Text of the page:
Landscape architect David Anhold’s vision for the proposed Western Park, a 36-acre site in Old Trail just north of the neighborhood pool, is mindful of the historic and cultural lineage of the land. “The property is characteristic of Crozet,” said Anhold, as it encompasses former orchards and current wetlands, and supports many native plant and wildlife species. “In keeping with that, the park design is grounded in a local sense of place.”
A decade after a Western Park plan was originally proposed but languished due to lack of funding, citizens listened to a presentation of an updated master plan at the Crozet Community Advisory Committee’s (CCAC) meeting May 16. The reanimated project’s design takes direction from community input and coordinates with the county’s overall park system.
The slideshow, given by Greenwood resident Anhold along with Albemarle Parks and Recreation director Bob Crickenberger and outdoor recreation supervisor Dan Mahon, presented data from the county’s recent Parks & Rec needs assessment in which citizens prioritized walking, hiking, and biking trails, youth athletic fields, and open space highest among possible park amenities. Anhold’s design envisions the park as a natural playground following the linear path of Lickinghole Creek.
“Three design threads form the fabric of the park,” said Anhold. “First, there are the sports features such as fields and a playground. Second, there are features that draw on the cultural landscape of Crozet and its history, such as plantings that resemble a farm fencerow, and a circular lawn that could be an abstraction of a Native American village shape. And third, there are natural systems, such as the wetlands, that we’ve embraced in the character of the design rather than disrupting or diverting them.”
The land for the park, 90 percent of which lies in an unbuildable floodplain, was proffered by Old Trail to Albemarle County in 2000 in exchange for greater building densities in its developments. Anhold’s design works with the land forms as they are to include sports fields and play areas, nature walks and trails, a “creek theater,” a “great lawn,” a pavilion, and 200 spaces of off-street parking. The construction is proposed in three phases for a total cost of $5.5 million.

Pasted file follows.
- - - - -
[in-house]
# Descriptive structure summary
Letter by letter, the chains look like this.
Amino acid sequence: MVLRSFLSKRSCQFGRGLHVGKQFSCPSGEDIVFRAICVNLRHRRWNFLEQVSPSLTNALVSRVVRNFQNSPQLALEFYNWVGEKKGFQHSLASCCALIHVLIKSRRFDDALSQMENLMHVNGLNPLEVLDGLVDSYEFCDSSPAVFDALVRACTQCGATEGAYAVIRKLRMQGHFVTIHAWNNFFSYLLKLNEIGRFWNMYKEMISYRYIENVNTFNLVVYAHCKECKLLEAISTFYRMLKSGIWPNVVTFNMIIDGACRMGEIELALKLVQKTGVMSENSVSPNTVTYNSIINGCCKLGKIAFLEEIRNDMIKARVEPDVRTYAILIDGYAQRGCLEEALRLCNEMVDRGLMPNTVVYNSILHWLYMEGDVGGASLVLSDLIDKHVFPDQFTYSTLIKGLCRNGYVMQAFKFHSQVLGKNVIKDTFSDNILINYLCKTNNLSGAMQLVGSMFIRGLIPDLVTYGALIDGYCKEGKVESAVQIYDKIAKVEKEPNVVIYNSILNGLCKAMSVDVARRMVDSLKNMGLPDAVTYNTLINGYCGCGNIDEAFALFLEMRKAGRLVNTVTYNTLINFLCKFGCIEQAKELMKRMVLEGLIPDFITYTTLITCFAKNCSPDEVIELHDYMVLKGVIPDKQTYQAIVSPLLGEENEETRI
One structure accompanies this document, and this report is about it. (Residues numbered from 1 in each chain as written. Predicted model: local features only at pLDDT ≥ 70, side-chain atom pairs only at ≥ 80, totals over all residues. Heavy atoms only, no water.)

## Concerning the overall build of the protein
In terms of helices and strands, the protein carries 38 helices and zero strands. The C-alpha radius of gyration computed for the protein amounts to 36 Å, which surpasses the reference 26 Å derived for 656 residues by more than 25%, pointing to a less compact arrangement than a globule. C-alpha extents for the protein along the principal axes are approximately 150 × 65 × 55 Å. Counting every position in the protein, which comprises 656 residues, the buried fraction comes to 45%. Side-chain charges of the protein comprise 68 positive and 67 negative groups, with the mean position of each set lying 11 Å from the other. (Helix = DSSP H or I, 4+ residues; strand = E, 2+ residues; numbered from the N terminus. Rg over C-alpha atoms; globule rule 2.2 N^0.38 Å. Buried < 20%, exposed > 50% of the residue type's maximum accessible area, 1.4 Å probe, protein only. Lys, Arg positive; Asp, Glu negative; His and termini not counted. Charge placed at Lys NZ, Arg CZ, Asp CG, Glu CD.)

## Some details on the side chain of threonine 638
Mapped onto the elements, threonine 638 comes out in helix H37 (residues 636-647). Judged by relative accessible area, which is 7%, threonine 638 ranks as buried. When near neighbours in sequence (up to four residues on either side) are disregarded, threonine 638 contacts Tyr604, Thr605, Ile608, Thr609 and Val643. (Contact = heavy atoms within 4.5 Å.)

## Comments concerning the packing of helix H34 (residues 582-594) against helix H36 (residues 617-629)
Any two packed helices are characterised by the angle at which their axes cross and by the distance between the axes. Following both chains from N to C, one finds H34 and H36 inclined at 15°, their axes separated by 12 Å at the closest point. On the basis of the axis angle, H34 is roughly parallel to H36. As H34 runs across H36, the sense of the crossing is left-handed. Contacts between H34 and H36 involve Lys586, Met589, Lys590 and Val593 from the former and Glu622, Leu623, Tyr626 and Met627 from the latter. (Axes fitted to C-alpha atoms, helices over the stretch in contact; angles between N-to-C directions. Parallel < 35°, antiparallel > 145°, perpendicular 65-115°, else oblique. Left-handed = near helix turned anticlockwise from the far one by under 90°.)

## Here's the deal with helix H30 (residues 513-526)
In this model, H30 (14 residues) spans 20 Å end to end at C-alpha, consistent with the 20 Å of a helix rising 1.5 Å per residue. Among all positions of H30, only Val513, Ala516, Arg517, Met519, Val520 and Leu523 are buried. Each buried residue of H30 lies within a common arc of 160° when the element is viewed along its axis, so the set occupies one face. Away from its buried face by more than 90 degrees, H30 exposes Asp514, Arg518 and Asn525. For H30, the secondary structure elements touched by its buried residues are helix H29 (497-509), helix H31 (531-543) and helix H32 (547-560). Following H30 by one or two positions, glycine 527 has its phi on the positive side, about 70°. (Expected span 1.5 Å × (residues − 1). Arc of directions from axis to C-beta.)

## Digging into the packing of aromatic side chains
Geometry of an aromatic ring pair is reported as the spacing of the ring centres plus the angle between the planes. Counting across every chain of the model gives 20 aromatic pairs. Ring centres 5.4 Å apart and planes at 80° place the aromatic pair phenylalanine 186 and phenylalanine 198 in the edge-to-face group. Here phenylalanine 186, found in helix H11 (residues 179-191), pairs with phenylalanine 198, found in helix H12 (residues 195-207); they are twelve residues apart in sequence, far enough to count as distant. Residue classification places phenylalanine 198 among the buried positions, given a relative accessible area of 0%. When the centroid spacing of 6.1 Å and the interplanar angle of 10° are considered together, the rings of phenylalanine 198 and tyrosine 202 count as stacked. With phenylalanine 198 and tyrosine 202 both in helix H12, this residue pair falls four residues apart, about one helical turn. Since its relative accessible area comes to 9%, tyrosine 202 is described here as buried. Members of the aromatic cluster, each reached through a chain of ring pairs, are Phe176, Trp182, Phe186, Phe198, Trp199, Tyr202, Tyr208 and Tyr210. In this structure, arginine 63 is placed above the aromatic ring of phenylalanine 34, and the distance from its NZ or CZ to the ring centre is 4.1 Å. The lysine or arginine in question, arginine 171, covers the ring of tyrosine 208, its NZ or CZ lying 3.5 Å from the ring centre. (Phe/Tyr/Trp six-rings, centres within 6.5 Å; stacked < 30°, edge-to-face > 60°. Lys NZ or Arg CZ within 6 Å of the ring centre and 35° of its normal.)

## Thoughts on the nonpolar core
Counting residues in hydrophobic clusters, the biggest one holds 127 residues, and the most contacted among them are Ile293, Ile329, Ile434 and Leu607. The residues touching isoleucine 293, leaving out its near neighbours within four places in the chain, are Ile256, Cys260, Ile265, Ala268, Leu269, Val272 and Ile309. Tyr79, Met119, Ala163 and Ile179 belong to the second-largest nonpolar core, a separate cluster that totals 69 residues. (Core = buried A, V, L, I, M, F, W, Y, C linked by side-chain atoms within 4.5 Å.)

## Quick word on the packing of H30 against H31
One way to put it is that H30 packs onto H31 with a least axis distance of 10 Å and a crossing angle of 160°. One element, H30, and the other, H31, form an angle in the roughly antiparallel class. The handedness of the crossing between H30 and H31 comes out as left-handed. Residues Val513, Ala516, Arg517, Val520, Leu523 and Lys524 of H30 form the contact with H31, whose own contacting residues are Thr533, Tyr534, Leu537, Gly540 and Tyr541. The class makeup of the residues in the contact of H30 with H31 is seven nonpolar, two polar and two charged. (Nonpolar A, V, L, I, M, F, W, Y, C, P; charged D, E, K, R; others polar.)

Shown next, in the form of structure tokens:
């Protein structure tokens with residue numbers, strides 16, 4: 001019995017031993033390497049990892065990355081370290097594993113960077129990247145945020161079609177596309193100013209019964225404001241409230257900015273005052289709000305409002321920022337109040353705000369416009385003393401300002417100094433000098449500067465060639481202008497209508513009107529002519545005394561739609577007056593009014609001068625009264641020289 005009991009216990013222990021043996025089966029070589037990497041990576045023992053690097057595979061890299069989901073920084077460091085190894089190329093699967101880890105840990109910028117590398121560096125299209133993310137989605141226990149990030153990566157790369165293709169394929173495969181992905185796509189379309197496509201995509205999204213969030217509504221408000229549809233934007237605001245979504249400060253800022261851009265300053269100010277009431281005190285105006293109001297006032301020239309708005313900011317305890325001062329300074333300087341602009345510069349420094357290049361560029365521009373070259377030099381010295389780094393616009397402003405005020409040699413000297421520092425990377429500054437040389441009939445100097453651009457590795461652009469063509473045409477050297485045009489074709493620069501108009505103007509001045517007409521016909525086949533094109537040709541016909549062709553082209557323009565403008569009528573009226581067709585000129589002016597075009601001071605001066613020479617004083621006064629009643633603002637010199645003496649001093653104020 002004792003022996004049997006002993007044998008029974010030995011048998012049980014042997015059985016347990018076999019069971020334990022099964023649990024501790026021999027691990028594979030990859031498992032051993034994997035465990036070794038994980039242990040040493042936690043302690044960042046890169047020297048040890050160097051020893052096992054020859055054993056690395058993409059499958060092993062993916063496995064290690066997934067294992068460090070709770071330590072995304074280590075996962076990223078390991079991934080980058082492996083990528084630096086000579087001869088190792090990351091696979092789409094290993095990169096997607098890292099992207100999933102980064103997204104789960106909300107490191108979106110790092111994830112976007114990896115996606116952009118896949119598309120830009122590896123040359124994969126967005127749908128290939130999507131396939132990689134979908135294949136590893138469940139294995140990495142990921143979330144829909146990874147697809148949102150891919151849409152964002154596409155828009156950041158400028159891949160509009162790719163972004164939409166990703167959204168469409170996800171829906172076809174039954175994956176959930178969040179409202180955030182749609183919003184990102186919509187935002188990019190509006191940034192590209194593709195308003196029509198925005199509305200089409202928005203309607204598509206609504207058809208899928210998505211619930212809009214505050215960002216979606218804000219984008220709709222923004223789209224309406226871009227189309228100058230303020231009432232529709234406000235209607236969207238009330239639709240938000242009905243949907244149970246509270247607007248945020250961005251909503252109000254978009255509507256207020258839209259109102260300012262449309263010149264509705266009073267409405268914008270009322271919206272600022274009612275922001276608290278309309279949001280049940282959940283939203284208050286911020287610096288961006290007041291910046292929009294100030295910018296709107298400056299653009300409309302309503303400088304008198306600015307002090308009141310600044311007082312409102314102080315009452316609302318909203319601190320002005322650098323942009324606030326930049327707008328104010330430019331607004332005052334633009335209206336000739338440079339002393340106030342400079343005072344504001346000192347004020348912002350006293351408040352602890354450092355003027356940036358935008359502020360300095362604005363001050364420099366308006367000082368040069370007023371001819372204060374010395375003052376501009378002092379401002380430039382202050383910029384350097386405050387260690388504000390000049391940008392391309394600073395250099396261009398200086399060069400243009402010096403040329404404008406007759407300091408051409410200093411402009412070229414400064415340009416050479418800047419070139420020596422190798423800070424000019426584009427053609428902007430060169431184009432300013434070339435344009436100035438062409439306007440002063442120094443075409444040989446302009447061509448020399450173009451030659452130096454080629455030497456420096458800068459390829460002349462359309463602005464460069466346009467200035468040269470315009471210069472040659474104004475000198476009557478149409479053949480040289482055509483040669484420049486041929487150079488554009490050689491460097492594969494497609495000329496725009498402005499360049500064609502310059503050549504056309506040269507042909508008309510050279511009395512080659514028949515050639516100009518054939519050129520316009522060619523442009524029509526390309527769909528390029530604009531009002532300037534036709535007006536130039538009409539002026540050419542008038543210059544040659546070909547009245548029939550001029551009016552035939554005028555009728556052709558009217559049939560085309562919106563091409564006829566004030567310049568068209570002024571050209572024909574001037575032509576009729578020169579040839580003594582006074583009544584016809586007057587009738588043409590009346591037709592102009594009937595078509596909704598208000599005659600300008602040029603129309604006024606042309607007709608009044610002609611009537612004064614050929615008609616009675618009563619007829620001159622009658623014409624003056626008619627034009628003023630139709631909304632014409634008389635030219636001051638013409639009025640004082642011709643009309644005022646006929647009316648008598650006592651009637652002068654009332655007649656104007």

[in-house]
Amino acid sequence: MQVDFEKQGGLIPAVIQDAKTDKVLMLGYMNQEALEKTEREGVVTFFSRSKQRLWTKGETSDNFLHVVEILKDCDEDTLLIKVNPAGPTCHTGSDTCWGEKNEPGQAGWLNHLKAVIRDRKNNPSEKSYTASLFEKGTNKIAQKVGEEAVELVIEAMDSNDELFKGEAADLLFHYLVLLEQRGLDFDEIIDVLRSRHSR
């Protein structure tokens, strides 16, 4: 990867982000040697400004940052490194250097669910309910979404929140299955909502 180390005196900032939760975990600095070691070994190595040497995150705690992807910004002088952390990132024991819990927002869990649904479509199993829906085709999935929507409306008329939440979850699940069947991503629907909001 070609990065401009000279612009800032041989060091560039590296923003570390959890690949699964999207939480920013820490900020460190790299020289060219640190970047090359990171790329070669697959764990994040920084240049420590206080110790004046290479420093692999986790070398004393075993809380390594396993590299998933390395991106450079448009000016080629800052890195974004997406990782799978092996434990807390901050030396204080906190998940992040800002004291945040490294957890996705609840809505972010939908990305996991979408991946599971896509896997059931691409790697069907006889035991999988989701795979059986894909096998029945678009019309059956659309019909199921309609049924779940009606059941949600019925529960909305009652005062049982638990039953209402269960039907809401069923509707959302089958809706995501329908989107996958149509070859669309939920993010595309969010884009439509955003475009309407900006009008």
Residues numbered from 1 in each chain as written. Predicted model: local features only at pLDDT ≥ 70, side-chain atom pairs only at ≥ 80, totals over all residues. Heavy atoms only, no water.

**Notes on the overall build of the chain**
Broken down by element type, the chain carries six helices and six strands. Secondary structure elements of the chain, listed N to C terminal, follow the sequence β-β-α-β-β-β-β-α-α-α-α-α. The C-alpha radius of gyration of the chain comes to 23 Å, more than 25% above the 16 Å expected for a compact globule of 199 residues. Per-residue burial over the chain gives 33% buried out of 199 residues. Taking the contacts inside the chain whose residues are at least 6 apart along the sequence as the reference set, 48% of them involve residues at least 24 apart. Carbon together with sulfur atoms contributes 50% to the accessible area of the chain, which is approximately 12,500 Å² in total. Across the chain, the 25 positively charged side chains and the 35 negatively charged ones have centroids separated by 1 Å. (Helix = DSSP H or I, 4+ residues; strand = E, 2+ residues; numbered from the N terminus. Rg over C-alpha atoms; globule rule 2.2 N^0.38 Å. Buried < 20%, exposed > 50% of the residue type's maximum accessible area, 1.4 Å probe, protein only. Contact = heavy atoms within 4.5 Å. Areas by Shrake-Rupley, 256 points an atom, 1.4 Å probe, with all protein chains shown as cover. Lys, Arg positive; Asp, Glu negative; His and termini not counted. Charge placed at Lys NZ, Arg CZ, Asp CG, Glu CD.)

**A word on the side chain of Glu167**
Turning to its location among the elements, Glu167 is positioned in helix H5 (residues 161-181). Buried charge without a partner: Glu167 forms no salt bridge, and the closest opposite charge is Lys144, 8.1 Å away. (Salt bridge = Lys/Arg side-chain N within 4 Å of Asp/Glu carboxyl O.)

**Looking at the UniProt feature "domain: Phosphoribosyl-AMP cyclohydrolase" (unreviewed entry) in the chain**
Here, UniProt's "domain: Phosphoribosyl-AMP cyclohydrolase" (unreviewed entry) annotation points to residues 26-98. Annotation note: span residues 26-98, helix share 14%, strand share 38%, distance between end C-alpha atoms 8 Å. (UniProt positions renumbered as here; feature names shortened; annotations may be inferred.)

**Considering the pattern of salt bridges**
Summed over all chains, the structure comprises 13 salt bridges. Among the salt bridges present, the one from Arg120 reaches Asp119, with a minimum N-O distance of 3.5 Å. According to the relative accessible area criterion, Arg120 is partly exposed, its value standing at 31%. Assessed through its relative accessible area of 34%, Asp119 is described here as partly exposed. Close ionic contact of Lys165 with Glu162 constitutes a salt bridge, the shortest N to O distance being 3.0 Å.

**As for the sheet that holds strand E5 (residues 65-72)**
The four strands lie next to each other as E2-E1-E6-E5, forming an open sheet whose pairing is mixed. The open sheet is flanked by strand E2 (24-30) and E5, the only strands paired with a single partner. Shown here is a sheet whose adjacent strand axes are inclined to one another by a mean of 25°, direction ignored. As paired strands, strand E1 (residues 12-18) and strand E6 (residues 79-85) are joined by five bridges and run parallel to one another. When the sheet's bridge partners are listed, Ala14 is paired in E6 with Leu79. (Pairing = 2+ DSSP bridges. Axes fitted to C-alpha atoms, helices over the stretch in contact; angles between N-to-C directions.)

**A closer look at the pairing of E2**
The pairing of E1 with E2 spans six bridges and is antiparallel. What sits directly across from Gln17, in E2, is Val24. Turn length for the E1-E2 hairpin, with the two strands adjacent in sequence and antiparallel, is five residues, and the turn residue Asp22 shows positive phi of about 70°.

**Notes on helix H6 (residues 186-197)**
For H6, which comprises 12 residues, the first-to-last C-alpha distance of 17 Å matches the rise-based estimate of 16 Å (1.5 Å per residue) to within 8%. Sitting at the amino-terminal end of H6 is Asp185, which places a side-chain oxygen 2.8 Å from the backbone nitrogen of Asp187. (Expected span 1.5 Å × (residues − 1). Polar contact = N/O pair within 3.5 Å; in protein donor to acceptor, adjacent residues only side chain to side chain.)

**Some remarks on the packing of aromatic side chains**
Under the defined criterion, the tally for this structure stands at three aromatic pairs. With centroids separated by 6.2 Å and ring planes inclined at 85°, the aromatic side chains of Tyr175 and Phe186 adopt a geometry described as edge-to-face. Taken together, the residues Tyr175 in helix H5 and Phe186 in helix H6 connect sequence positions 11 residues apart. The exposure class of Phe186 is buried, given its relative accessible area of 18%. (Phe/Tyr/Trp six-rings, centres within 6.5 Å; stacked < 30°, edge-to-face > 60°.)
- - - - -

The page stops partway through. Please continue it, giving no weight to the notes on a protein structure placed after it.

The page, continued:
Citizen questions at the meeting focused on requesting that the land’s tall grasses be preserved for bird habitats and that gravel paths be avoided so as not to disturb wildlife, on whether a portion of Crozet taxpayer money goes to county Parks & Rec funding, on the size of the sports fields, and on whether the slopes could be used for winter sledding. The idea of building a Boy Scout facility on the property, floated at the CCAC meeting last November, was not discussed.
Crickenberger briefly reviewed funding opportunities and sources such as the county’s Capital Improvements Program and various grants from agencies such as the EPA and VDOT, but stressed that the process would be slow. “A lot of these funding sources are matching, some have an approval process on an annual basis, some provide funds on a reimbursement basis,” he said. “We may even look into some kind of public-private partnership to see if that would be viable.” He also noted that the current design’s cost projections are fluid. “This is a ‘conceptual’ plan with a ‘conceptual’ cost estimate right now.”
Ann Mallek, county Board of Supervisors chair and White Hall District representative, was in attendance and supports the project. “Beginning to catch up on the long list of needed local parks and sidewalk amenities is essential,” she said. “I support the inclusion of multiple parks projects as a separate question on a fall bond referendum. One or more phases of Western Park could certainly be included, but it has not been finalized yet.”
In the meantime, small steps can be taken in the parkland. A temporary bridge over Lickinghole Creek has been installed and is structurally sound, said Crickenberger, and the county hopes to have the final bridge finished in the next three to six months. “Some of the connectivity in the area was lost during [Old Trail’s] construction,” said Mahon. “We can go ahead and build some of these walking trails so there is circulation on the site. It may take a number of years to put all these park elements in place, but we can bring people back into the park in the interim.”